Earlier this week Anthony and I returned from Indianapolis where he had his surgery. This blog entry is a trilogy of thoughts I had as we prepared for, journeyed through and returned to face our “new normal.” I have held off posting it until today, Mother’s Day, because while fighting this battle with Anthony’s Crohn’s disease I am learning there is a whole other level to motherhood.
Posting today gives honor and love to my mother friends who have lost a child or who stand tirelessly by their chronically ill child; in doing so, these extraordinary women have modeled for me what it means to be inducted into this special realm of motherhood – no matter what age their child is. These courageous women have lovingly opened the door to a place of special knowingness, a place where only the heart can fathom the impact of a battle such as this. It is a place where the soothing balm of their words, “I know” flows from their lips and heart filling my soul.
Packing Hope –
I look down at the jumble of items on my bed and wonder what I really need to pack for this part of the journey; I’m not sure. Well, definitely the jammies and undies, a couple of pairs of jeans and tops, my comfy blue cardigan with the big pockets to hold a myriad of things like tissues, cell phone, mints, a bit of money for the coffee shop at the hospital, spiritual reading material and a bit of make-up so that I don’t scare the snot out of the nursing staff at 2:00 a.m. I cannot forget the massive red binder in which I have stored the medical and financial history of Anthony’s battle so that I can check and record information against the doctors’ records; in it goes.
The yawning canvas weekender bag I bought from Chico’s a couple of years ago for happier travels easily accepts my offerings. Plenty of room left. I peer inside –almost in a numb trance, moments pass and my mind races. So this is it – this is what you pack for battle – comfy clothes and binder full of information? Then I remember. Reaching down into the deepest part of my heart I grab a handful of hope, bless it and gently tuck it into the pocket of my blue cardigan.
Bedside Manner –
Room 333 is nicer than the last hospital room we were in. This one has more of an executive feel – mahogany trim, little glass tiles accenting the natural stone tiles in the bathroom and the strangest toilet I have ever seen – obviously created to accommodate the various sizes of posteriors that will grace it. Soon the mahogany panels on the side of the door swing open and Anthony is wheeled in, groggy from surgery, but alert enough to know where he is and what is going on. Minding the IV tubes, I reach across the bedrail and take his hand; my other hand strokes his forehead – “I am here. I love you,” I whisper. Not able to talk yet because the vent tube from surgery has roughed up his throat pretty bad, his lips form the words, “I love you,” back to me. His eyes plead with me to make the pain go away. I am helpless.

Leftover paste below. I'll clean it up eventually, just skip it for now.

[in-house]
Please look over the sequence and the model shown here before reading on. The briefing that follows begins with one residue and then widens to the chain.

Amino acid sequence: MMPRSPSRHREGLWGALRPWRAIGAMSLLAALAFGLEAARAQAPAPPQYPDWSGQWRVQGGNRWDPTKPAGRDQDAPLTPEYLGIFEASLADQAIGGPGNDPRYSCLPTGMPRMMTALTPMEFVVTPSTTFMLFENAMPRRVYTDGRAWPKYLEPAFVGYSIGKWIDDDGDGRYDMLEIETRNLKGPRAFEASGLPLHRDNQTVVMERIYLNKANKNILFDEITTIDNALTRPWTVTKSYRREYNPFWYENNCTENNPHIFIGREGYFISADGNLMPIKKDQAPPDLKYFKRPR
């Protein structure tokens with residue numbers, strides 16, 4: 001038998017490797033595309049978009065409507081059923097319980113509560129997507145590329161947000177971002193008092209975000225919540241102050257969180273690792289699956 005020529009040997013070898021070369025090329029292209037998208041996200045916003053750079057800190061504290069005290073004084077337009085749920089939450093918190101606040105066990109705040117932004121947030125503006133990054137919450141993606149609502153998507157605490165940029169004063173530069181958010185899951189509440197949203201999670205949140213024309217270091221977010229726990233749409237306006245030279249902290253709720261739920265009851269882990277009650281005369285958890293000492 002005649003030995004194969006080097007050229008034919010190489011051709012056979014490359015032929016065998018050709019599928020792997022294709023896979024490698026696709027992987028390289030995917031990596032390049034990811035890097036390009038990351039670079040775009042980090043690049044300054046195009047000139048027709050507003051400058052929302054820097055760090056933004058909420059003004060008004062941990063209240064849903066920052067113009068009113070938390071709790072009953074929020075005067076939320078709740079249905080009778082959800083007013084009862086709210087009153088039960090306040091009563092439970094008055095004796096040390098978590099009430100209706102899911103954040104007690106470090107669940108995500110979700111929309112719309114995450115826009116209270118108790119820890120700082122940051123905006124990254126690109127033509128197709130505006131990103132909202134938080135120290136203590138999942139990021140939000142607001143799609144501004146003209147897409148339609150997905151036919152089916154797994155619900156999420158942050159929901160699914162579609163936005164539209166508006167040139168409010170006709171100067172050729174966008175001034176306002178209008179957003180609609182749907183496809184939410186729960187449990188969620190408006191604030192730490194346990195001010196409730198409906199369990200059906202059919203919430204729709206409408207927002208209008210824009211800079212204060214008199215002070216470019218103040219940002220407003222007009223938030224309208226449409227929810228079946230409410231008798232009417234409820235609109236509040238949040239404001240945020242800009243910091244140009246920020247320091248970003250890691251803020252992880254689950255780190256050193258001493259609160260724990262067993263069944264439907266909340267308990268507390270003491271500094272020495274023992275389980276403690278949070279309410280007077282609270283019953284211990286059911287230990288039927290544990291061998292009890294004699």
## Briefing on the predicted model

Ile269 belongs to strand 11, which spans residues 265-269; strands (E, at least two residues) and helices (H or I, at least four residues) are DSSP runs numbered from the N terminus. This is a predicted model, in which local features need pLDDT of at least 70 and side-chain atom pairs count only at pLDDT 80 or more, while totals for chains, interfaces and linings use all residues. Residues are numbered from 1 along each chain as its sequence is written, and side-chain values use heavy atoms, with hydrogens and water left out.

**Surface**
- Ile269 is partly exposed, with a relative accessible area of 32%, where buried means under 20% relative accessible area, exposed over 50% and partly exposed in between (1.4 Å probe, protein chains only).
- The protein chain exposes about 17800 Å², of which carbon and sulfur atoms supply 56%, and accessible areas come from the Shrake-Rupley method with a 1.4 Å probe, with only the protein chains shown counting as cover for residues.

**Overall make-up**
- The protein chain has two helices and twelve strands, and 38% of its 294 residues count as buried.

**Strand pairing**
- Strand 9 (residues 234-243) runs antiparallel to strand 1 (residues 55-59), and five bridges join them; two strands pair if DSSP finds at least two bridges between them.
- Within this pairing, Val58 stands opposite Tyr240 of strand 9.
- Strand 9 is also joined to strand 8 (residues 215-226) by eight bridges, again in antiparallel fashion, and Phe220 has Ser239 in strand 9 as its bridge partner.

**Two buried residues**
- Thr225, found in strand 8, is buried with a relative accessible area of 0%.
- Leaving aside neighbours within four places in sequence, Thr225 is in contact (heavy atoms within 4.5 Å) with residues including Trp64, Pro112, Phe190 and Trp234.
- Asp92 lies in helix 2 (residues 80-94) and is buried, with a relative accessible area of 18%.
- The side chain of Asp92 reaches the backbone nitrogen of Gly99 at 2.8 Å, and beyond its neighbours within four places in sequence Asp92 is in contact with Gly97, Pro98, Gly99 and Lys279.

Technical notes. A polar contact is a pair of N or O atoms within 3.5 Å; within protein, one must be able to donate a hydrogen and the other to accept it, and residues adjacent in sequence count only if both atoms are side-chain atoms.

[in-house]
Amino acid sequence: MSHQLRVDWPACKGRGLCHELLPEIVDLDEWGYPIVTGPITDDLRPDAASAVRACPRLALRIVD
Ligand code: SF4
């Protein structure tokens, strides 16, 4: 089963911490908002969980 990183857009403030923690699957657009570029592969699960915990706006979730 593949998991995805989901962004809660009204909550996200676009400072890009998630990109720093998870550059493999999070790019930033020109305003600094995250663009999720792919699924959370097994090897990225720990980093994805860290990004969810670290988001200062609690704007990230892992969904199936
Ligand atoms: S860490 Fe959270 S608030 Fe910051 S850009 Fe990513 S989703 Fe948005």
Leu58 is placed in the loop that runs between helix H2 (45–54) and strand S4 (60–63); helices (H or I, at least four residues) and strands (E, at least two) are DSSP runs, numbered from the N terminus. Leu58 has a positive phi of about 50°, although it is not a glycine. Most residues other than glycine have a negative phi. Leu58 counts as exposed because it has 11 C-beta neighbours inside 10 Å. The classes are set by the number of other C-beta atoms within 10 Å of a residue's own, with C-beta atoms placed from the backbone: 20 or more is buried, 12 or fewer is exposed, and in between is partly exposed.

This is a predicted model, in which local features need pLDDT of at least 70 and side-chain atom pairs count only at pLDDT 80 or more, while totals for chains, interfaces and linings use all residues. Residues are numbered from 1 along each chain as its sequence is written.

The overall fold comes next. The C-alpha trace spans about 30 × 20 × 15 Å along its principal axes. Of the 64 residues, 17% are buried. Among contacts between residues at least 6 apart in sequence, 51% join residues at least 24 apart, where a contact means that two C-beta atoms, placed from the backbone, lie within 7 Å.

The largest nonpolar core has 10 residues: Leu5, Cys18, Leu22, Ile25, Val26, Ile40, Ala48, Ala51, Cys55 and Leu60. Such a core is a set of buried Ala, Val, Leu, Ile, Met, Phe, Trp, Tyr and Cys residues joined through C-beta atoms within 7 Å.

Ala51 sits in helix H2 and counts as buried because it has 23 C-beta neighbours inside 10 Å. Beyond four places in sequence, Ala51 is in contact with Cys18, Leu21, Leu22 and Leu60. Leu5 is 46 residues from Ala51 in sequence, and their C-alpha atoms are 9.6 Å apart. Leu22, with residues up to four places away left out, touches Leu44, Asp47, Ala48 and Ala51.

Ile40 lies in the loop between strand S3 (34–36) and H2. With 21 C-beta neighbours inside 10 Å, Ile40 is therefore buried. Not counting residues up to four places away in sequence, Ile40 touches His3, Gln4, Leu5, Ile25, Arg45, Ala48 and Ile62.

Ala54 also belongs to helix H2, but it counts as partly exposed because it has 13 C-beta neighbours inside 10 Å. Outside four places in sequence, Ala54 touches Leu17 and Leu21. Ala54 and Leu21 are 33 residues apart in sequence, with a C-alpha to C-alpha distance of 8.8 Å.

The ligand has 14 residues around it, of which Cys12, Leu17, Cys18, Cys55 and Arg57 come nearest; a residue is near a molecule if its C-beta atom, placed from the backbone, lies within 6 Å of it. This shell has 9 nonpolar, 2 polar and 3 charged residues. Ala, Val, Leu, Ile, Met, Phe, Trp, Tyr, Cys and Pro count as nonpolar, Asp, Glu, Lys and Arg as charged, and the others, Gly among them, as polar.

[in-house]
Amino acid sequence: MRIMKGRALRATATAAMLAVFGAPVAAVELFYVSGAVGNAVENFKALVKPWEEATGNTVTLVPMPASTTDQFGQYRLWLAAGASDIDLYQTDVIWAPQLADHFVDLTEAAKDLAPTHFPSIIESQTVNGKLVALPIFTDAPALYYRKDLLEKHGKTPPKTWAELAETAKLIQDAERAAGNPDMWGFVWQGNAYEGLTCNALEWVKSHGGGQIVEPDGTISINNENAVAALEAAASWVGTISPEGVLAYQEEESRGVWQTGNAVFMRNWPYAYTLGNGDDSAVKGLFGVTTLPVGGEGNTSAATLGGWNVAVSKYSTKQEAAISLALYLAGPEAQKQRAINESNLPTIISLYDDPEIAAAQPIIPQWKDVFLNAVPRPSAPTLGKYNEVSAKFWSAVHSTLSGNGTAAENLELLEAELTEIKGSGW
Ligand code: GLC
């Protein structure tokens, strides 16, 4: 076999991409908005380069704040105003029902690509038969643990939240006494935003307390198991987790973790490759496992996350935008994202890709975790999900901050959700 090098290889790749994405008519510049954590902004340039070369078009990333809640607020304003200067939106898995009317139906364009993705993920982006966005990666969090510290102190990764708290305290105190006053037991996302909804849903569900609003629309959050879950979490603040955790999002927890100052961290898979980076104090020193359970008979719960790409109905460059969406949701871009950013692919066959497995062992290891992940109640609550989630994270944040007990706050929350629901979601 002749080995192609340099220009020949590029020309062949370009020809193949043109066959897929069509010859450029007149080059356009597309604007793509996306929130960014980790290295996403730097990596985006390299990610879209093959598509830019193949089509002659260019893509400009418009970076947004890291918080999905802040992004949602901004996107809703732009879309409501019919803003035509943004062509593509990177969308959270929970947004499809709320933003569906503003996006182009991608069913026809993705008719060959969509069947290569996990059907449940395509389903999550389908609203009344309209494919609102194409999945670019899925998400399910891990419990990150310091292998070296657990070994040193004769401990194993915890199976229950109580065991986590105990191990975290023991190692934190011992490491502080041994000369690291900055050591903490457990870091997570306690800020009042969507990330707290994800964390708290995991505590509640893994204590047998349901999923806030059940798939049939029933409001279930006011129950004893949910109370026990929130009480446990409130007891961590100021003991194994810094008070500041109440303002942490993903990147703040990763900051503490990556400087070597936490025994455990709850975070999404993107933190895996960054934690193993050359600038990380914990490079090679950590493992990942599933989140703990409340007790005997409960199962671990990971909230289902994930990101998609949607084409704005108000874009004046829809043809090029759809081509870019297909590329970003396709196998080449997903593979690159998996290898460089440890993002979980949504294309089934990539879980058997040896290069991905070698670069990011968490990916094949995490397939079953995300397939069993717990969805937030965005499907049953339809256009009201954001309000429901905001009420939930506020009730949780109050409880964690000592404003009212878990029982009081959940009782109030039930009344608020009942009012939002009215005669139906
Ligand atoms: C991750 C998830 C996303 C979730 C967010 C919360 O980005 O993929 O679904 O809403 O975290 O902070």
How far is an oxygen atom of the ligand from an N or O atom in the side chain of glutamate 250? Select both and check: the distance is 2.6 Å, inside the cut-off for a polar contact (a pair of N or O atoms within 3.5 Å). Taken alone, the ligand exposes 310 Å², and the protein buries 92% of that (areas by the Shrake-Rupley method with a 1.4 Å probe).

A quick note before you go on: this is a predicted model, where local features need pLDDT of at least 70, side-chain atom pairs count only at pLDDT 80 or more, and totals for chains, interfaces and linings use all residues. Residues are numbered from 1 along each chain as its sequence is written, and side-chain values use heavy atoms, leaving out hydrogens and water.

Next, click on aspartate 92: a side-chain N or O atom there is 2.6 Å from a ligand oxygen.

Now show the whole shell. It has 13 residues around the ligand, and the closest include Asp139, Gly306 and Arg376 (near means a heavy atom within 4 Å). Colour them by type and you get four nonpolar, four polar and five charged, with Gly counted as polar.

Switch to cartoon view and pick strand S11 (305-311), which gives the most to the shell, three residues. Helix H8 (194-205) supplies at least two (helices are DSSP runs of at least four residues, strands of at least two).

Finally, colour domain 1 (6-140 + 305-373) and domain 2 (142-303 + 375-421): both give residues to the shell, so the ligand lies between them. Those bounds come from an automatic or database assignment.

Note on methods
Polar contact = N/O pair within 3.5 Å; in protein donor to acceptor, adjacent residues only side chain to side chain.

As I hold his hand, I silently pray a prayer I am sure God has heard a billion times upon a billion times and in languages and dialects as vast as the span of life on this planet; it has surely echoed through the ages ever since mothers have had children . . . “Please God, heal this child. He didn’t ask for this; he doesn’t deserve this. Let it be me instead of him – this is my baby – please heal him. Please.”
With Each Step –
It is time to go home. The ileostomy is done; now we wait for the internal healing process to complete. With promises of a surgical reversal once the internal healing has occurred, we are loaded up with information booklets bearing titles like, So, You Have an Ostomy(!) and flyers touting the joys of Jell-o (it is a “yawner” so don’t bother reading that one), cards with numbers to call if there are problems, extra supplies, stuff and more stuff. The discharge nurse wants to know if we have any questions – we don’t. We do not have any because we so new to this part of the journey we do not even know what to ask. I am sure we will have them at some point though. Anthony just wants everyone to shut up so he can go home.
A young man with very cool dreadlocks and pushing a wheelchair for the trip down to our car arrives; he chats easily with Anthony quickly finding out during the elevator ride they have something in common – Halo. For the first time in quite a while, Anthony flashes one of his million megawatt smiles as he anticipates meeting his new buddy on-line for a game; they swap their gamer names and make plans.
We pack Anthony’s ever frail frame into the car for the trip home – almost four days ahead of schedule. God was good. The surgery showed Anthony’s intestines were in better shape than anticipated and so it seems that Hope I packed came in handy. As we pulled onto the traffic circle and headed back to the highway, I knew God heard my prayer before I ever prayed it – the healing had begun before the surgeon even got inside to look and while I knew we still had a long way to go with many more steps to take, the next one would be easier than this was. I know He continues to show up and walk beside us with each step.